Prime Time starts this album out with a nice chunk of chaos. This is, of course, the track with Donati joining in on drums. I find this track to be really scatterbrained and math-y, and it's a pro and a con. If you're in the mood for rhythmic intensity, this album and especially this song hits the spot. Who the Jack is Migger is one of my favorite cuts from this. At its most intense, it quite reminds me of some of the jazzier tech-death out there (such as Cynic). I love the way the arrangements allow for smooth excursions into funk, and even a Rolling Stones quote in the guitar solo. There's a lot of clear chemistry within the band, and a much clearer "form" that they're working from. Following this is Mind Your Head, one of the djentier tracks, and a short burst of intensity.

My other standout track is No One is Flying the Plane. Quite a funny title, and the humor works alongside the playfulness of the music. The horn arrangements on this track are quite nice as well, creating a lot of dissonances that I think work well in a jazz-metal context aside from the standard "atonal breakdown guitar". Someone (?) joins in on piano and spices it up before the song implodes into swing jazz. The saxophone, drums, and bass are soloed out for a while before the guitars return and bring in a lot of tension. Walkürenritt is a jazz metal Wagner quote, more evidence of the band's humor (and supposed live reputation, but I'll have to check that out later).

Urchin Vs. Octopus is another really sick track, and has one of my favorite guitar solos on this album. I think this song also speaks to the arranging skill, that the elements of the music are allowed to slow down and speed up against each other. The crossrhythms on this album are particularly apparent on this track, where two clean guitars arpeggiate slowly to harmonize a fast-paced riff. Alle Meine Ändchen incorporates more keys and synthesizer in the sound, including some mellotron-esque strings. It also, like the first track, also borders on avant-prog at times. The synth solo on this track is also pretty awesome.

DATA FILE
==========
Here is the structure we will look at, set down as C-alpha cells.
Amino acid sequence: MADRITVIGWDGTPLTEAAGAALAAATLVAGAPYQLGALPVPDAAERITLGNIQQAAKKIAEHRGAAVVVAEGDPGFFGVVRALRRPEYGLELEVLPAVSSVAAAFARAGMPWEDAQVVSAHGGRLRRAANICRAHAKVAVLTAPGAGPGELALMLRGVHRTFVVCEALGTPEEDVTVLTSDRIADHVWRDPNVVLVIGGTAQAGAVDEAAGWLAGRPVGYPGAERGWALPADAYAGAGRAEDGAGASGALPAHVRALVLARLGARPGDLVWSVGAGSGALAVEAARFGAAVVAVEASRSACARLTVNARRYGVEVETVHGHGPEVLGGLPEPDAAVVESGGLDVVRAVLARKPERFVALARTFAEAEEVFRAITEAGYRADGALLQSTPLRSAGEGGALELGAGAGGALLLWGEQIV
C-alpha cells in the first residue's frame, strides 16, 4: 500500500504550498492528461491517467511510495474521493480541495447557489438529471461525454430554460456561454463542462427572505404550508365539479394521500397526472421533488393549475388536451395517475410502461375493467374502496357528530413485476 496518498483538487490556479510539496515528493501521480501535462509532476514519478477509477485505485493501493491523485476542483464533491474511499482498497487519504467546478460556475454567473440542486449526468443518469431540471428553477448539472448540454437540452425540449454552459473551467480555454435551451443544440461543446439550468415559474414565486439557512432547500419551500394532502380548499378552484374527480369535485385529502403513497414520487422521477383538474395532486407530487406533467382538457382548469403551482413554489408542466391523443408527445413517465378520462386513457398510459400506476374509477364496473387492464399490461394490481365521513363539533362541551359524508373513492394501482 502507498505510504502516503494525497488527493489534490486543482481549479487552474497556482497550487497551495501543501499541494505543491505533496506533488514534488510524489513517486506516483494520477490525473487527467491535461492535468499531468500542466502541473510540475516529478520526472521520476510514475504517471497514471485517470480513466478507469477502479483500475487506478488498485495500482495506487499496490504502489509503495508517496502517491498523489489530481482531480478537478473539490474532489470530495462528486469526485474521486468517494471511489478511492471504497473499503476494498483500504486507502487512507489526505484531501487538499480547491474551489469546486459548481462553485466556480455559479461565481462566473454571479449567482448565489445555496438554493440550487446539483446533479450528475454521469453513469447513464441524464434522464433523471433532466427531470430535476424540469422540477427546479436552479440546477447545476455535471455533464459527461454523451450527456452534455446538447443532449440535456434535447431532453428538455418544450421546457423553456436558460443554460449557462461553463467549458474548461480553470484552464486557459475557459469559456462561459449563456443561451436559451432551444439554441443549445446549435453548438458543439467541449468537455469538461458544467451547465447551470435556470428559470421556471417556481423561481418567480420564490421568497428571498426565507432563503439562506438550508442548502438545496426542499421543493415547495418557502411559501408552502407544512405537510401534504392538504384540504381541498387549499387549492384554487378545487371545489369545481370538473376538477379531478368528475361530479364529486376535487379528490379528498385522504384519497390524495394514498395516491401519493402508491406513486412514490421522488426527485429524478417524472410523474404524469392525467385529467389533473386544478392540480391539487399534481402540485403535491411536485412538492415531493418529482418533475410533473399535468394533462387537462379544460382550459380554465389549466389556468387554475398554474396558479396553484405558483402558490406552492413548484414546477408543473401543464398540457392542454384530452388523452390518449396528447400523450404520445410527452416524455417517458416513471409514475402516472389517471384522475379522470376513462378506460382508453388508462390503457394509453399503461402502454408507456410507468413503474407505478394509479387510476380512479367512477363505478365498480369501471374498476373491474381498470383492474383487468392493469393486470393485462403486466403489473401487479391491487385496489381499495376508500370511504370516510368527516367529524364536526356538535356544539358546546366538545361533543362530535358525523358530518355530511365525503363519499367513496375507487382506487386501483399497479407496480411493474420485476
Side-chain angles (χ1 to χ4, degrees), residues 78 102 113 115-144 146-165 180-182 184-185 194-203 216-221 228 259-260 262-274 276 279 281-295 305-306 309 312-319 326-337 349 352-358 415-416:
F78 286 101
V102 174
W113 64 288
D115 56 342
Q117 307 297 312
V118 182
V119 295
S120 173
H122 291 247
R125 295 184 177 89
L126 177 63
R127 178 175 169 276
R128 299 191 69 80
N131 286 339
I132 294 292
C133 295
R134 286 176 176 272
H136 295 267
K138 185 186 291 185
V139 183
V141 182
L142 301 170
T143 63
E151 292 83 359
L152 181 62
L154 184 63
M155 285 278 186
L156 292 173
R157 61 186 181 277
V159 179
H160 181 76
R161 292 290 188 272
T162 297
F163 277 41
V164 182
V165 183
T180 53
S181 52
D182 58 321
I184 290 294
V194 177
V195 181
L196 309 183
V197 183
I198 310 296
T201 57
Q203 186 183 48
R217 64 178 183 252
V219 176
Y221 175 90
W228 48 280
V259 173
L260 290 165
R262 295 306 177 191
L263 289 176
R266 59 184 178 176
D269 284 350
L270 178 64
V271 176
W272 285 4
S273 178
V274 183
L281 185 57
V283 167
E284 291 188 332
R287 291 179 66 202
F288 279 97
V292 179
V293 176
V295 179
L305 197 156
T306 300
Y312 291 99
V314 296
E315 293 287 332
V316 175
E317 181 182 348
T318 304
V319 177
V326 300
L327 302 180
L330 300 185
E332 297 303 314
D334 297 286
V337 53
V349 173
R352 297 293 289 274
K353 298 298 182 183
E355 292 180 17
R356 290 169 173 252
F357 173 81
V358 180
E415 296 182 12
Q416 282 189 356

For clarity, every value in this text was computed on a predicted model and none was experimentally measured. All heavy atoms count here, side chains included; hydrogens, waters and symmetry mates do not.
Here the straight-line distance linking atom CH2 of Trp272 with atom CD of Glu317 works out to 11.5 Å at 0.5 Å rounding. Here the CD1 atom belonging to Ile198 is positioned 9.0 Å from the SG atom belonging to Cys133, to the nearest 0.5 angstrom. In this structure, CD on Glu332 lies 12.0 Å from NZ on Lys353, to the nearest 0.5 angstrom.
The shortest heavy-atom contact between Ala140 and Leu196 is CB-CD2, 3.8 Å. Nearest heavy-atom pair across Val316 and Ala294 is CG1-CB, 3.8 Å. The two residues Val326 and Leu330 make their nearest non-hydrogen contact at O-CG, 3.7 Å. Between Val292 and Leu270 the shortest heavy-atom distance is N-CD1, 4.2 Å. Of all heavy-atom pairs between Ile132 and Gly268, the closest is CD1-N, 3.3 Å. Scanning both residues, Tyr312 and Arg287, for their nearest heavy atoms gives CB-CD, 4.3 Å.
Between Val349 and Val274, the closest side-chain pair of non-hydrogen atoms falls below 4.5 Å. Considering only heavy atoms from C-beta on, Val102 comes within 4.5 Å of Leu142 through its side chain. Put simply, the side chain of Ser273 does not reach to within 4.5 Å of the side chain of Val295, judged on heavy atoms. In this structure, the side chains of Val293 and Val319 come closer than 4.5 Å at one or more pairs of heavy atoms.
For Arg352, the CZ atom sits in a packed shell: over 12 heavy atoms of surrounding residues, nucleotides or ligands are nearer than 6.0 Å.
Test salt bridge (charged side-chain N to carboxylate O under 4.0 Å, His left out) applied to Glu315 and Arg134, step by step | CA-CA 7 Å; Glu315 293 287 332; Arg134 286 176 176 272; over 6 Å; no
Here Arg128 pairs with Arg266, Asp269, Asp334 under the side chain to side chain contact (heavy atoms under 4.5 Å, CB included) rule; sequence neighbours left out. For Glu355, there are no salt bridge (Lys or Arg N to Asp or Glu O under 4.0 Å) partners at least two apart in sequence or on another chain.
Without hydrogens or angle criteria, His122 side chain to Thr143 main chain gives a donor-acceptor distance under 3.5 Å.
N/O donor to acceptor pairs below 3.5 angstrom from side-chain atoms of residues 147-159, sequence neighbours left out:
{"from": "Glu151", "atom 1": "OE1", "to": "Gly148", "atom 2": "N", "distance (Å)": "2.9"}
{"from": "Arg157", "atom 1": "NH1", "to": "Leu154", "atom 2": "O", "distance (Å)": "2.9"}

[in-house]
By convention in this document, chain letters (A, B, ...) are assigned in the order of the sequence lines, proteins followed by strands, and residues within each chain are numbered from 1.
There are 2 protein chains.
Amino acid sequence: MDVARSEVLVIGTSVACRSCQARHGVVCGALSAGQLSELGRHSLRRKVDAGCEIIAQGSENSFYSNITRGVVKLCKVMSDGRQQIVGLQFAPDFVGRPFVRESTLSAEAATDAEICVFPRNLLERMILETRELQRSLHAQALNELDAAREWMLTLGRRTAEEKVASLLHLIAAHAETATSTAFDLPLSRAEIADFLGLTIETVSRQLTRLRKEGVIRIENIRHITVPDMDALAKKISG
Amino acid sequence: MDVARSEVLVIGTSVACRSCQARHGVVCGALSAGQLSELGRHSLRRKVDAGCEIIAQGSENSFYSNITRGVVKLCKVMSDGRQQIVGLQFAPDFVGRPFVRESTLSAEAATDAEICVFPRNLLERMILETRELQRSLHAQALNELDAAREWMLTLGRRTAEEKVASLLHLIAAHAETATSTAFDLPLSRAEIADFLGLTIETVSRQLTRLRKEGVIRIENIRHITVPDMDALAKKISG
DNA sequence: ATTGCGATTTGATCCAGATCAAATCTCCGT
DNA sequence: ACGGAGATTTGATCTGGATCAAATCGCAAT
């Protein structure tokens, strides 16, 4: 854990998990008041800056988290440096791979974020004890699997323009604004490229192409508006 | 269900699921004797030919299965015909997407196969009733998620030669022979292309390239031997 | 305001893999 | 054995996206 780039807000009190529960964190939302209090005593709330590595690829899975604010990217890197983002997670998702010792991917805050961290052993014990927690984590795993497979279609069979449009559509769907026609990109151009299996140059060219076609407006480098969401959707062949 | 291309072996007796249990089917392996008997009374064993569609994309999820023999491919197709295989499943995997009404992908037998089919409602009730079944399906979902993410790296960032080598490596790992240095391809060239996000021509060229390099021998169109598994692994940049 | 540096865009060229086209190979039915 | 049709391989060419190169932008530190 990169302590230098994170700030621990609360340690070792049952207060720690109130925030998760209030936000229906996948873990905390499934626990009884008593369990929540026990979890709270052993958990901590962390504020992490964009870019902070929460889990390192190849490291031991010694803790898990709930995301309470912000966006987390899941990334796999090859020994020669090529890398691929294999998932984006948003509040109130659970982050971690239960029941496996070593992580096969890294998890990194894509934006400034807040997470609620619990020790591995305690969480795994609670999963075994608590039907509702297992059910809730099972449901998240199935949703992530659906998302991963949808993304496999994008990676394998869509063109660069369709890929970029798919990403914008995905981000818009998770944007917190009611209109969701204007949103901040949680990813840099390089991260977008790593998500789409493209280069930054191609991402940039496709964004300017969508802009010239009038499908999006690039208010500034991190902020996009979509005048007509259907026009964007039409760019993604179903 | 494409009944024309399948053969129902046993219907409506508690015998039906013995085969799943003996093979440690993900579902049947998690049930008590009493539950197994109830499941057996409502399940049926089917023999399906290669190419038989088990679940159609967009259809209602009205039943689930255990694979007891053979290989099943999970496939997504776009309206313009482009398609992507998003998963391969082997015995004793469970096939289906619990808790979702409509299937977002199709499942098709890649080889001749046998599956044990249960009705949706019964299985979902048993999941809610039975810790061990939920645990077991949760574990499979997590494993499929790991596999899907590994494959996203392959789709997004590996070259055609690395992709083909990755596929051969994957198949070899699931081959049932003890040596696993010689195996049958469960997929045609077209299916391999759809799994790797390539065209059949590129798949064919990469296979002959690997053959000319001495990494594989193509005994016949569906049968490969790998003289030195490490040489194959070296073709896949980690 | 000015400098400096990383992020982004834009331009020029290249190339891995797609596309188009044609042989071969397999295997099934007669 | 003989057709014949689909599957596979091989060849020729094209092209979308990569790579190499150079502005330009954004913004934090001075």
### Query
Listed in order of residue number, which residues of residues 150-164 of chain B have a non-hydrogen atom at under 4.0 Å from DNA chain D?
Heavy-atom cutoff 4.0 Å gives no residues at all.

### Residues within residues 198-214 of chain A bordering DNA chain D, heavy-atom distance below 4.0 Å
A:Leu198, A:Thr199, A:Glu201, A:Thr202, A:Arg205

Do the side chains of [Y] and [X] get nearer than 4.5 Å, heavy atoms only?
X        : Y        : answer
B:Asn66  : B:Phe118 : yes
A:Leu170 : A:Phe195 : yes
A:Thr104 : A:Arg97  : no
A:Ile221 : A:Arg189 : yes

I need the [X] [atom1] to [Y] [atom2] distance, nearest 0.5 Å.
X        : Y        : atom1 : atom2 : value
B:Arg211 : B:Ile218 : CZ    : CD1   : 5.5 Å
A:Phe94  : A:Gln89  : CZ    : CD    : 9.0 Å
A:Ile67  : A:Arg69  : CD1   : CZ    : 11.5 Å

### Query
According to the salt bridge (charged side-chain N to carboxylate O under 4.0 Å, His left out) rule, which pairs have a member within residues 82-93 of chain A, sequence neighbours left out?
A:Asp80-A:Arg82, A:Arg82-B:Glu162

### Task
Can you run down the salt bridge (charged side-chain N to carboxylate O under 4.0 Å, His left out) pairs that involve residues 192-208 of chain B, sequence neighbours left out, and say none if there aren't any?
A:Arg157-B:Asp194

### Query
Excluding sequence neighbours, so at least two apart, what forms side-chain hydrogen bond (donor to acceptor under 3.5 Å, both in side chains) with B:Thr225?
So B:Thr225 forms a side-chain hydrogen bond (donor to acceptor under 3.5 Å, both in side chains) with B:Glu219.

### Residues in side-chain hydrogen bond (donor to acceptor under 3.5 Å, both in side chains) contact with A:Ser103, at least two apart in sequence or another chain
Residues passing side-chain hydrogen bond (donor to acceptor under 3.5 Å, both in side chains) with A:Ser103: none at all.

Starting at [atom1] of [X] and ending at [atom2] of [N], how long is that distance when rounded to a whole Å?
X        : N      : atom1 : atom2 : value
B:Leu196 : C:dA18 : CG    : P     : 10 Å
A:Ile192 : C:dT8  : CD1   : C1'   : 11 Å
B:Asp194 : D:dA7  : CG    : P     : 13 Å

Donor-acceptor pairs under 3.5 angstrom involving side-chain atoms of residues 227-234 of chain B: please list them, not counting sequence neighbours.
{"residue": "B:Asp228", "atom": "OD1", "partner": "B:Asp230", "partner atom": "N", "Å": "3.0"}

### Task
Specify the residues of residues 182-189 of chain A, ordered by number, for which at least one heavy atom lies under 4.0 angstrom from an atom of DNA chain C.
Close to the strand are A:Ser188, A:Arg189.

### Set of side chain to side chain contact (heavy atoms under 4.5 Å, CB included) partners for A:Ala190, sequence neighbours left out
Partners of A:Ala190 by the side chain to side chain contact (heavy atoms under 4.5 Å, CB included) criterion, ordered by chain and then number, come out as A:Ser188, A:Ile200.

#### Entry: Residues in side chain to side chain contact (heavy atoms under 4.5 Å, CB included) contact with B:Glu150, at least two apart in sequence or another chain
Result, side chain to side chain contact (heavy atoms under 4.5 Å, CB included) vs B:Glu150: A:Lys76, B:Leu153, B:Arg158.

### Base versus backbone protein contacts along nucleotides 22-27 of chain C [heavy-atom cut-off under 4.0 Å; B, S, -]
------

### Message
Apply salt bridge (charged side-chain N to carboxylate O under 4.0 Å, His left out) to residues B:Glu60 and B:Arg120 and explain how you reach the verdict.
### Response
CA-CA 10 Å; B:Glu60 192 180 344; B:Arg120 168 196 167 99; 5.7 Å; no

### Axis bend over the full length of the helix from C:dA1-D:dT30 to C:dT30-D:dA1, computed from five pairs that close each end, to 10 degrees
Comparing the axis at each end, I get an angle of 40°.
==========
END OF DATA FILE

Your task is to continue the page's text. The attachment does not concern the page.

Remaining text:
By the end of the album, they throw in some more interesting tonality in the song Coconut which I feel helps with the flow. It's easy to make jazz metal a gimmic, and Panzerballett being veterans of the genre, they know how to sequence songs that are clearly distinct and enjoyable where it matters. The harmony is a lot stronger on this song, and to me it pushes this album up. SOS concludes Planet Z by quoting, in spectacular fashion, a morse code rhythmic pattern. I doubt that Panzerballett is the first to pull this off. They don't let it rule the song, but incorporate it by sprinkling it within their tight and fast-flowing arrangement plan.